You’ve seen them, and maybe they’ve even annoyed you a time or two before — but not without good reason. We’re talking of course about CAPTCHA, which is a security system designed to tell humans and computers apart by making form respondents identify a short series of letters in a box.
You may be on the fence about whether or not to use CAPTCHA on your forms, and that’s totally OK. We’re here to help figure this whole thing out by answering the questions you should ask before determining if CAPTCHA is right for you.
Do I Need CAPTCHA?
If you’re looking for a way to stop spammers and spambots programmed to attack websites from flooding your form, CAPTCHA is the tried-and-true way to stop it.
CAPTCHA naysayers have their reasons, though. Asking your form visitors to go through one extra step runs the risk of annoyance and — even worse — form abandonment. It’s generally good practice to minimize how much you’re asking of your respondents if you can help it, so keep that in mind when implementing CAPTCHA on your forms.
One thing you can do it is test your form’s performance with, and without, CAPTCHA. Our Form Analytics tool gives Jotform users an accurate look at form conversion rates. Test your form without CAPTCHA first, and see if adding it makes any difference.
What’s the Difference Between CAPTCHA and reCAPTCHA?
CAPTCHA and reCAPTCHA serve the same purpose, only reCAPTCHA was started as a way to also aide in the digitization of old books, addresses, and newspapers. It turns words that cannot be read by computers into CAPTCHAs for real people to solve. Pretty cool, eh?
Recently, Google launched a click version of reCAPTCHA which doesn’t require the form visitor to type anything into a validation field; they simply have to check a box. And guess what — Jotform has a widget for that! You can now easily enable the Google reCAPTCHA on your form.
Are There Any Other Alternatives to Traditional CAPTCHA?
Jotform offers a drawing CAPTCHA, which lets the users trace randomly selected images instead of typing into a textbox. If done somewhat accurately, the system will determine they aren’t a bot. While this may ask for a little additional time for your form respondents, it’s definitely more interesting. And you also don’t have to worry about letter legibility causing additional headaches for your visitors.
It’s been debated time and time again, but CAPTCHA is an oldie, but a goodie. The only difference is that now we have more CAPTCHA options for our sites. For the best bot protection, it’s still the industry standard.
Does your company use CAPTCHA on their forms? Why, or why not? Let us know in the comments!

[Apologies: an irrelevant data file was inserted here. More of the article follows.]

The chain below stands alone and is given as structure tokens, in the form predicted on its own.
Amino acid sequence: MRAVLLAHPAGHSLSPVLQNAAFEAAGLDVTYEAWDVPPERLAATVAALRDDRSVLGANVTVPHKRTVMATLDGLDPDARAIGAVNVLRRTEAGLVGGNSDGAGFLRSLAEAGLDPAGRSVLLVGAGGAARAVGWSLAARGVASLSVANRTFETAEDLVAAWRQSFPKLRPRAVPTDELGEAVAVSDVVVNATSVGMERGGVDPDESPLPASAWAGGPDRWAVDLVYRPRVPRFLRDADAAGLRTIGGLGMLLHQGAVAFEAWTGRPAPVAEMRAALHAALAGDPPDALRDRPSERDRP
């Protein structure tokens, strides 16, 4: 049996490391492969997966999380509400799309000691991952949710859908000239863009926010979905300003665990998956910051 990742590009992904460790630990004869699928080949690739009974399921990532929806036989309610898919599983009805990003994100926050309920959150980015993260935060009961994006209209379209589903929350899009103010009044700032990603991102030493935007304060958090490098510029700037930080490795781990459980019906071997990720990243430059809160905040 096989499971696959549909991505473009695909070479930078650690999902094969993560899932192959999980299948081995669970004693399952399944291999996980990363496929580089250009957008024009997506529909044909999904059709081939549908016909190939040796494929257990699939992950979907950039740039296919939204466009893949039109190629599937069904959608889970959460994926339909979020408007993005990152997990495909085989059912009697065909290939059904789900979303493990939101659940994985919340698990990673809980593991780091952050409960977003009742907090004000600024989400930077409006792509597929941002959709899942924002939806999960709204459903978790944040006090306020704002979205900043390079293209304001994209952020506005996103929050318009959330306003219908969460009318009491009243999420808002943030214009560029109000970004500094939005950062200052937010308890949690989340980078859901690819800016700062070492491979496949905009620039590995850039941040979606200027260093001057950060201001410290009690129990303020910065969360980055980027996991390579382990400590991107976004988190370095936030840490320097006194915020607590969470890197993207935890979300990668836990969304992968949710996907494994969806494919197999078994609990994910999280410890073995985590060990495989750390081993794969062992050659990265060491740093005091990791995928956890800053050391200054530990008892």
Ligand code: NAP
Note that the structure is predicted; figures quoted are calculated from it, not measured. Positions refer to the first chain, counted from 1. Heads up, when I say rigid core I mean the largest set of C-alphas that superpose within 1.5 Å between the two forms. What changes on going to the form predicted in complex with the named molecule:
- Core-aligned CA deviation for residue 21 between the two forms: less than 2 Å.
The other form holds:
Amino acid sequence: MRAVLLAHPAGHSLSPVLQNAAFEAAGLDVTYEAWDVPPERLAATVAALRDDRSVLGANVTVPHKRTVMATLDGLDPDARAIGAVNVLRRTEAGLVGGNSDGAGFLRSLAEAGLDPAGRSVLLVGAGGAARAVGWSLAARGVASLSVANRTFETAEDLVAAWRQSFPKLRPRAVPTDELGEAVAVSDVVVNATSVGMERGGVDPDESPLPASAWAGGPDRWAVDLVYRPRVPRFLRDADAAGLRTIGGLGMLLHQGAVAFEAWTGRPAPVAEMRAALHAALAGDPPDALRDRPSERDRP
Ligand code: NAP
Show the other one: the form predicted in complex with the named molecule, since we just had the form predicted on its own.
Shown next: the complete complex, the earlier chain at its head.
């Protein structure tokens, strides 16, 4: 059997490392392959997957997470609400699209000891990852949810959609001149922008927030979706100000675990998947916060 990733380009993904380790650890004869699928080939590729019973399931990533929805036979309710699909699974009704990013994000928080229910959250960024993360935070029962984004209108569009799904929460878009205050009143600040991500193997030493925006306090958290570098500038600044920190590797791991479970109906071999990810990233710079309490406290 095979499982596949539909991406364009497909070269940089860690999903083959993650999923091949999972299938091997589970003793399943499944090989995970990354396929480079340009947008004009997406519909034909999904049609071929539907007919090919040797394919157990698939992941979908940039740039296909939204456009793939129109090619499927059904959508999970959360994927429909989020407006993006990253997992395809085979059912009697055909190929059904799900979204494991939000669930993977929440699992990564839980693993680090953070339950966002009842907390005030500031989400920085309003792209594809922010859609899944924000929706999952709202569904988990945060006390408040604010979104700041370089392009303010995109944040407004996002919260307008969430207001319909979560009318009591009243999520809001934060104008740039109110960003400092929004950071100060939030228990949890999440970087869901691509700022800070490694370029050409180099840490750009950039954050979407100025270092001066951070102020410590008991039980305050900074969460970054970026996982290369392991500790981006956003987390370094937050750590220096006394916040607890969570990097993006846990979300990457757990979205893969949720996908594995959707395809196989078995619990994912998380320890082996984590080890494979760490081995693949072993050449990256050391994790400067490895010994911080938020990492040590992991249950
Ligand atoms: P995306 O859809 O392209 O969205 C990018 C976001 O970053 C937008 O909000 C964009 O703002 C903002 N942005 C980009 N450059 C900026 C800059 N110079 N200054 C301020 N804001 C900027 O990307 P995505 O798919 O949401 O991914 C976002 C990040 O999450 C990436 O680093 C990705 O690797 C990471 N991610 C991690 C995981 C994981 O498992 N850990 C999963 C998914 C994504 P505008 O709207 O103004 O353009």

I'm going to deactivate mine, I've had too many calls from customers recently saying it's not working for them on iphones, being an Android man I've never had problems when I test it (or on my partners iphone) but I no longer want to risk missing out on iphone or ipad users so I guess after all my research and working out how to put it on my form i'll have to get rid of it or risk losing customers.
I'm definitely going to look at the drawing CAPTCHA for my website, forever getting spam emails.Nice!
Until this moment, I prefer not to use. Maybe if I have good reasons I can change my mind.Ricardo
Design de embalagens
I personally use this feature to stop any duplicate responses as sometimes the internet acts weird and when you submits, it does it twice. with this I eliminated the duplicate rows that were affecting the accuracy of results I analyze from my responses
I hope this helps.
OK, I've tried all the jotform captchas and they all have problems. Google recaptcha may only be ticking a box until it then asks you to click every picture that has a tree in it ... this often goes off the bottom of the form and the form cannot be submitted.The original captchas are diabolical from a swer perspective.
The drawing thing, mentioned above, is quite good but some of my clients say get rid of that when they test it and it tells them they have failed. try doing it on a desktop with a mousev ... not that easy.
The best captcha in my opinion is a simple math captcha ... which jotform has failed to implement.
Simple and effective ... but you won't be told
As advised in this article, I monitor my form's performance and add a captcha only if I am getting many spam entries.
Most of our forms don't need anything like this. But the odd form on the odd website seems to attract spam bots, and spammer. No pattern, nor reason one form gets spammed a lot, and another form never gets any spam. We use letter based CAPTCHA on the contact page on webdesignreview.co.uk. However, I might give this new drawing one a go. Sounds fun, and is unusual, so should be better for conversion rates of the form.